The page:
Comment by Tim Gier on March 24, 2012 at 12:07

Thanks Susan. In that article, Kristof mentions the work of Jonathan Haidt. Haidt wrote a very interesting paper in 2001 (The Emotional Dog and it's Rational Tail. A copy can be requested at his webite: in which he explains his study of how most people reach decisions on moral issues. In a nutshell (and as the title of the paper alludes) most people believe those moral principles that feel right to them, and then they find rational arguments to justify those beliefs. Interestingly, Nietzsche said much the same thing about 130 years ago. There's plenty of research data to support Haidt's general thesis. Schwitzgebelfor his part, has been studying the attitudes and beliefs of philosophers, particularly those who are teaching and writing about Ethics, to try to determine whether the knowledge of ethics those people presumably have makes any noticeable difference in the way they act in the world. The answer is, generally, no. 

What I conclude from all of this is that having knowledge of "right and wrong" has little bearing on actually doing right as opposed to wrong, no matter who the person happens to be. Rather, I believe that most of us, most of the time, are quite content to live with cognitive dissonance, rationalize inconsistencies and excuse in ourselves behaviors that we would not excuse in others. I also believe that most people do not respond well to arguments that oppose their own pre-existing beliefs, except to deny those arguments. However, that doesn't mean that presenting a well-reasoned argument for one's own position is useless as a tool to change other people's minds. But it does mean that it's not a very effective one.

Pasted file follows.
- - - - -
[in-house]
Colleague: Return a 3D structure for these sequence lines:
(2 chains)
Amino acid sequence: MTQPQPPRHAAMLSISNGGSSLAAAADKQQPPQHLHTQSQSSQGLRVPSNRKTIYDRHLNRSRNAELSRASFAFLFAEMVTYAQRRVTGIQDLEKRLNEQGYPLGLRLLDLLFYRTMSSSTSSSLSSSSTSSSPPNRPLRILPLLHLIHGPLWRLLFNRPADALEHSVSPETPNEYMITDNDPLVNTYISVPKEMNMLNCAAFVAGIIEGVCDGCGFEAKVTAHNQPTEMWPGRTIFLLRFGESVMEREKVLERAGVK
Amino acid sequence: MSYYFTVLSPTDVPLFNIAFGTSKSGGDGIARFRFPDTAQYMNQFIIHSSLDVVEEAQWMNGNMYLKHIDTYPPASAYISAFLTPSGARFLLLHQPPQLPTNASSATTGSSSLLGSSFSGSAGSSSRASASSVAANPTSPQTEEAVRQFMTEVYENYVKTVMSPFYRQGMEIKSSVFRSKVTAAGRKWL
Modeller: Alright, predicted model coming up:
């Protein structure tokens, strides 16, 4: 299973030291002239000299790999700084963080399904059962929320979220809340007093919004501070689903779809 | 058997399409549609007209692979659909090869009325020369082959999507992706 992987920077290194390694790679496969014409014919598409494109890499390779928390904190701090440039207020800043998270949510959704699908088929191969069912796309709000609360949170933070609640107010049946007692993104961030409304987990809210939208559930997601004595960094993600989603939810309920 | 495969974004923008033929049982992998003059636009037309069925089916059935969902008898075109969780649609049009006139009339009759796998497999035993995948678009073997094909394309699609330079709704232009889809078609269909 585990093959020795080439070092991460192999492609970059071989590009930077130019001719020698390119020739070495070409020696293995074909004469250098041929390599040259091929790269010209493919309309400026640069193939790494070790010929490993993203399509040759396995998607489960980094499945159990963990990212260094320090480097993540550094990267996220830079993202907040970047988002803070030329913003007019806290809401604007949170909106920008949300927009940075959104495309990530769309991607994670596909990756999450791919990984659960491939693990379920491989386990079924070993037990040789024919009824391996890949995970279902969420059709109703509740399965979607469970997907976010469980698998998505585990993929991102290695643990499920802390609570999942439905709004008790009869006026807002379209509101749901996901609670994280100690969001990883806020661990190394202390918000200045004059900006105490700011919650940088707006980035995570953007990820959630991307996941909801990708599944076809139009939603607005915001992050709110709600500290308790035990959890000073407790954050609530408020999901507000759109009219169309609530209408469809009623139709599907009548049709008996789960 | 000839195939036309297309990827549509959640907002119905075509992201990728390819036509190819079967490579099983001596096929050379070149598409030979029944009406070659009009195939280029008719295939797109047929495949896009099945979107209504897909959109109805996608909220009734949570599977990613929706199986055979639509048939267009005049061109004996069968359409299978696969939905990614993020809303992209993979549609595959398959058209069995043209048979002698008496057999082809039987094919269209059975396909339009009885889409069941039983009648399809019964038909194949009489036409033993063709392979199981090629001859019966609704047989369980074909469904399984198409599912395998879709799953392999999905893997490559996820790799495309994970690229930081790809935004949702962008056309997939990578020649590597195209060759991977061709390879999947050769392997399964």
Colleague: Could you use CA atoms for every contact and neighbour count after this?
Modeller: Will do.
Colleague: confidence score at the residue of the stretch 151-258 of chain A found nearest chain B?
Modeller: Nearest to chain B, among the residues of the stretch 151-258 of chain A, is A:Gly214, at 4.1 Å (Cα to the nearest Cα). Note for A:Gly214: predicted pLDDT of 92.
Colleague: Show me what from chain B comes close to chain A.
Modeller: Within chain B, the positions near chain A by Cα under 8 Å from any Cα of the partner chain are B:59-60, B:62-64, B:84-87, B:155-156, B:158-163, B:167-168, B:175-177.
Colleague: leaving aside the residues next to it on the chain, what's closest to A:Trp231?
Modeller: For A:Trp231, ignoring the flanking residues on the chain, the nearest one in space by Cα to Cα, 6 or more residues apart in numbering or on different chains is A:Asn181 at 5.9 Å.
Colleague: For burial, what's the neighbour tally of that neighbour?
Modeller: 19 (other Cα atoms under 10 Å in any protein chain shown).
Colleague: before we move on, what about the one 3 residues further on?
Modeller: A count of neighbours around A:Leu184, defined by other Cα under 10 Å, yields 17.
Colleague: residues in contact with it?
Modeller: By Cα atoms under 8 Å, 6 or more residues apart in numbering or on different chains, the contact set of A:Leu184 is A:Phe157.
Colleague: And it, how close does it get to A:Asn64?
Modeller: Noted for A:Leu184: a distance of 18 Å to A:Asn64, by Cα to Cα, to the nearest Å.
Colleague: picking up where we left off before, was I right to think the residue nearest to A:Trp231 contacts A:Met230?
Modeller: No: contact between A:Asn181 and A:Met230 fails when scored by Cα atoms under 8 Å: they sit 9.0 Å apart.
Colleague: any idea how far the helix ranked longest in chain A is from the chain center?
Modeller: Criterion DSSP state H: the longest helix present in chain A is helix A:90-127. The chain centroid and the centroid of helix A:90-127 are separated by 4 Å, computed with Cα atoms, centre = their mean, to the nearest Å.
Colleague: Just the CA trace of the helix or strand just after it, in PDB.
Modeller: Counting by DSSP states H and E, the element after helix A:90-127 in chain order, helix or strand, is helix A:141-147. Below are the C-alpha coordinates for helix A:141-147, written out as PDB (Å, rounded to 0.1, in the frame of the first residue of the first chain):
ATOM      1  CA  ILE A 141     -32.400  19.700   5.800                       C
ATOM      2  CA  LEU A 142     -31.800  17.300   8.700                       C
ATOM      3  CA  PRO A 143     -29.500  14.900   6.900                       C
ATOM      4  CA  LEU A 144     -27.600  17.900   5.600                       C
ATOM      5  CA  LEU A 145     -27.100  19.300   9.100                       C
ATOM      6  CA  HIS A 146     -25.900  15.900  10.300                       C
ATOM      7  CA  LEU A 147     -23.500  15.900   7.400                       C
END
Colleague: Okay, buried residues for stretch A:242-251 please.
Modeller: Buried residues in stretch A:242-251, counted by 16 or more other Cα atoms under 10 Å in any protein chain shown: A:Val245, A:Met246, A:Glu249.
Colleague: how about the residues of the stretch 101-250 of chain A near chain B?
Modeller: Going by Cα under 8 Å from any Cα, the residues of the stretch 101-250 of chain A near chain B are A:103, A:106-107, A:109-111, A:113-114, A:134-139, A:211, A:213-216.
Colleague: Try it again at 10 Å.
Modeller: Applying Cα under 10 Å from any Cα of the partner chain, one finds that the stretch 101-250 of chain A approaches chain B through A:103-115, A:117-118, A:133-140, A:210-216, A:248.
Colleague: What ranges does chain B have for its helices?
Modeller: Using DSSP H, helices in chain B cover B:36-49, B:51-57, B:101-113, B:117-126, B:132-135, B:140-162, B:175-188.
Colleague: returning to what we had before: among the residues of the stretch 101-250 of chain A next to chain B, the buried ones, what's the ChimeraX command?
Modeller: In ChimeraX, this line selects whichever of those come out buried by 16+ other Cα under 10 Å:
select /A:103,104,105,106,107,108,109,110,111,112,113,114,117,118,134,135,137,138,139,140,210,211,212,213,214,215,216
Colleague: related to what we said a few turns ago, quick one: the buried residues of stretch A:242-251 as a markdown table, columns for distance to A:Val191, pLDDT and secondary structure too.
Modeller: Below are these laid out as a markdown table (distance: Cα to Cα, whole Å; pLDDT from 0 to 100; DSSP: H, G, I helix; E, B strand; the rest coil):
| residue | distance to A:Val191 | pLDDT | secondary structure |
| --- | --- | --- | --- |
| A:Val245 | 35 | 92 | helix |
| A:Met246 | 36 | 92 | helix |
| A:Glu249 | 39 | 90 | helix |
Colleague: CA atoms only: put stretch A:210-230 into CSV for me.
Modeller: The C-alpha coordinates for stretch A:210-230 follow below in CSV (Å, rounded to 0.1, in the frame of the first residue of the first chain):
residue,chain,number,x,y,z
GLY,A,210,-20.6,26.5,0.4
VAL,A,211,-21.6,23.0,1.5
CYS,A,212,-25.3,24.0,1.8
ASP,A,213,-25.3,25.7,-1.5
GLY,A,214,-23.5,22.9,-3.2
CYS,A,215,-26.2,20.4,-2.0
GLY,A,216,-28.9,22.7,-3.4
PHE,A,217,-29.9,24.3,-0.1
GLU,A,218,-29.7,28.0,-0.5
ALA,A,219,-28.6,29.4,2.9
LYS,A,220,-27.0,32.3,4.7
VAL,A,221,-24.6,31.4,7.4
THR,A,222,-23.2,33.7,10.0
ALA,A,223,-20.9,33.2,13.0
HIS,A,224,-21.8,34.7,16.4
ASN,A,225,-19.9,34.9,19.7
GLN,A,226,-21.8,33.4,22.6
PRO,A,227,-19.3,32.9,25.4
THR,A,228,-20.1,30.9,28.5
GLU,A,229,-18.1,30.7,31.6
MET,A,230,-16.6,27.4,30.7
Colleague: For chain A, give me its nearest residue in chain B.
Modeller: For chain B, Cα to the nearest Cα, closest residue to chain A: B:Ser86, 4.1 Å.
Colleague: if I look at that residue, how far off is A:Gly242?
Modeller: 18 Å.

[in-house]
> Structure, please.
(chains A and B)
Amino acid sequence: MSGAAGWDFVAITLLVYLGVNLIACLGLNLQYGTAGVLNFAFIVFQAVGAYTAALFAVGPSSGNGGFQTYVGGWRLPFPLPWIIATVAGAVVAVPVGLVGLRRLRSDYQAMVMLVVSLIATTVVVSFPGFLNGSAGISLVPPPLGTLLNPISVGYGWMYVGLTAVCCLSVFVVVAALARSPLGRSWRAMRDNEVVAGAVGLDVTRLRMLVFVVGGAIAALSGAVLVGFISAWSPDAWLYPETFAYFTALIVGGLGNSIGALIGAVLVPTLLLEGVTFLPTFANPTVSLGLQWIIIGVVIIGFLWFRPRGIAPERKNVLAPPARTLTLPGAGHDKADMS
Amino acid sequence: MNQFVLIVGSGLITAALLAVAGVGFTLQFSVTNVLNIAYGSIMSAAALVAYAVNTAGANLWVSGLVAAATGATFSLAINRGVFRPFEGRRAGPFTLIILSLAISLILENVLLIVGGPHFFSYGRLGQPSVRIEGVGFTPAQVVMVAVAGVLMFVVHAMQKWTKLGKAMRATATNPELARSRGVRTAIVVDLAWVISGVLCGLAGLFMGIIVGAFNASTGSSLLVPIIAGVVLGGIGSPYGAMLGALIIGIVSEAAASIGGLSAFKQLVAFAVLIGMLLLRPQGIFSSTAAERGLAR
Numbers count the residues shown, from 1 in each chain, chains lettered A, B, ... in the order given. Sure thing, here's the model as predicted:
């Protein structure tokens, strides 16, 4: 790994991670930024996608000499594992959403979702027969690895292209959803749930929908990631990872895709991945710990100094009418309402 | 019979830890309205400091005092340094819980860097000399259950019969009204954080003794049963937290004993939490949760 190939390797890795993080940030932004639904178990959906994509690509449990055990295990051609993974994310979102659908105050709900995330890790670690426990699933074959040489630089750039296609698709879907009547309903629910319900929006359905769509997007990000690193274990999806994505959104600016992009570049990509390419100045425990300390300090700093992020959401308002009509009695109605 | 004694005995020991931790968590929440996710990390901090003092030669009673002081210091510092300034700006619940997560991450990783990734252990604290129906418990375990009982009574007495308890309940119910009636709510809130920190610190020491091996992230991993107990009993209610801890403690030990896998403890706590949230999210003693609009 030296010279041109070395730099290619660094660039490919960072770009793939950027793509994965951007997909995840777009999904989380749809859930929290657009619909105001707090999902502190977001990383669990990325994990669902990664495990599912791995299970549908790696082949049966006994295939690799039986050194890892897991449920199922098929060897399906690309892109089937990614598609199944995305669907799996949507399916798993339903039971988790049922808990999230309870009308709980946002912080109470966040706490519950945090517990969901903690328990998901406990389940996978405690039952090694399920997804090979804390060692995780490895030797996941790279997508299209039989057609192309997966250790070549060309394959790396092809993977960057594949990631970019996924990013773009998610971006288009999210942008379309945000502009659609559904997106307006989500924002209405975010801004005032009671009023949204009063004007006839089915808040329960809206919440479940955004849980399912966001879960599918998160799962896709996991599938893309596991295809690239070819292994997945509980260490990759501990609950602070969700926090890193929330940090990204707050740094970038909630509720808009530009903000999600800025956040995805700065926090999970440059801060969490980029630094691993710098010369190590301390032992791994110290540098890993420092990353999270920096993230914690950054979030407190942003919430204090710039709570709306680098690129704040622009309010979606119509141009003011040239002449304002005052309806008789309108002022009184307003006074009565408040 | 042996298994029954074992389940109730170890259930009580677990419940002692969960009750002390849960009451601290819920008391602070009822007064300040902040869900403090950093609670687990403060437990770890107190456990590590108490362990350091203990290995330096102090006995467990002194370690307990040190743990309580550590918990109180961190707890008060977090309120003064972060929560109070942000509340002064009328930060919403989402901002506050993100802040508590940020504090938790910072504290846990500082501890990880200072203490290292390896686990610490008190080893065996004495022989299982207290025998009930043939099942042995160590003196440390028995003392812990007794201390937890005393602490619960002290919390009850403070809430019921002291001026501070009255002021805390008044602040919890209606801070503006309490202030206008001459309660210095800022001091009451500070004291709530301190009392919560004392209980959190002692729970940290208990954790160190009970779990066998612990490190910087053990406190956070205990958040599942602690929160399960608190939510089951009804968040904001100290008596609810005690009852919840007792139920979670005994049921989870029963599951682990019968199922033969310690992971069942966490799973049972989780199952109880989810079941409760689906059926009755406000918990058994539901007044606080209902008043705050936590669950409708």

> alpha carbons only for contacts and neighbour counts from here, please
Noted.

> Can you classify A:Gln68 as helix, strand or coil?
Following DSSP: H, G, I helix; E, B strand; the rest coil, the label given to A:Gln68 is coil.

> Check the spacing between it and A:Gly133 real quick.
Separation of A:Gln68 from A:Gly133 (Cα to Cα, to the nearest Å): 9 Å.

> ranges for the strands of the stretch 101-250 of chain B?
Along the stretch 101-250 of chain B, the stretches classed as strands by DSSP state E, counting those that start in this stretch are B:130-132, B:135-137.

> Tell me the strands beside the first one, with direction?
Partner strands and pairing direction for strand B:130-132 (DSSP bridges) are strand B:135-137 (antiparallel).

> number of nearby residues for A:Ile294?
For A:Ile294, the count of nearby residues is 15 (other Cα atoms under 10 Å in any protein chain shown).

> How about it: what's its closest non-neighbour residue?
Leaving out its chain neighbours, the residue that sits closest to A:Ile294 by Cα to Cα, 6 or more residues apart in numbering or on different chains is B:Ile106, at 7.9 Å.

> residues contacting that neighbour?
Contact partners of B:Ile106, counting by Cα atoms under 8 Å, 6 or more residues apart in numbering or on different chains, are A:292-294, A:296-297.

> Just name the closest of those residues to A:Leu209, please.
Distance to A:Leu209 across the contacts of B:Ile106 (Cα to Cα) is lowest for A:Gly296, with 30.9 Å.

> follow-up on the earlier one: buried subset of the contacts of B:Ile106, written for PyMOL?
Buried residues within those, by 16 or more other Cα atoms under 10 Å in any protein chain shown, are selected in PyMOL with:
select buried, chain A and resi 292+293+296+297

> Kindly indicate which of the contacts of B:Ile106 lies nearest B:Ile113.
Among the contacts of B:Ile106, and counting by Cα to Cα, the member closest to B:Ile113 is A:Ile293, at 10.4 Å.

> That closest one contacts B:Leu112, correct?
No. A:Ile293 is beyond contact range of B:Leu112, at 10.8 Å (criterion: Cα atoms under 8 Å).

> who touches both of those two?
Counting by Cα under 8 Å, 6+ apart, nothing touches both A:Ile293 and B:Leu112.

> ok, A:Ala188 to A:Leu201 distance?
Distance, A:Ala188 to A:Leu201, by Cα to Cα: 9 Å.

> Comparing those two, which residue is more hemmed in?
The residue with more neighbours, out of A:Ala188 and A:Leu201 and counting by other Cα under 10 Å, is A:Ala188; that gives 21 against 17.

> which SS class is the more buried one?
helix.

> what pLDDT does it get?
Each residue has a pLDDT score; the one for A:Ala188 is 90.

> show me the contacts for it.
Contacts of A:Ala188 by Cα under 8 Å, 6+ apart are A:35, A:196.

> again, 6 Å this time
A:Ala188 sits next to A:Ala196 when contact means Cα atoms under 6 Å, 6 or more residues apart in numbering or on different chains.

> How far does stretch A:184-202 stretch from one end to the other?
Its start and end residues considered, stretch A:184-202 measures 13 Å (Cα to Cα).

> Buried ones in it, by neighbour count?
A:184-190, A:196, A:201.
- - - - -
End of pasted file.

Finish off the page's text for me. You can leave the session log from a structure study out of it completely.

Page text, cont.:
I suppose (to answer Roger's question) that the problem in the movement for other animals is not so much that we don't know what does work. No, the problem is that we are committed to a program that very good evidence suggests doesn't work! "The movement" wants it to be the case that if we just present a good argument for why people ought not to use, harm and kill other animals that one day people will hear and understand that argument and then we will have (something close to a) vegan world.  I doubt that it will ever happen that way and, other than making ourselves feel good by letting other people know how much we care about other animals, we're pretty much just spitting into the wind.

Comment by Susan Cho on March 23, 2012 at 10:36

This article says that the books most often stolen from libraries are the ones on ethics.

NYT Op-ed: Politics, Odors and Soap

Comment by Susan Cho on March 11, 2012 at 4:37

I cannot wrap my head around the idea that professional philosophers would show an order effect for such elementary scenarios as the ones used.  The scenarios were specifically chosen b/c they are famous, so wouldn't everyone have already decided their answers??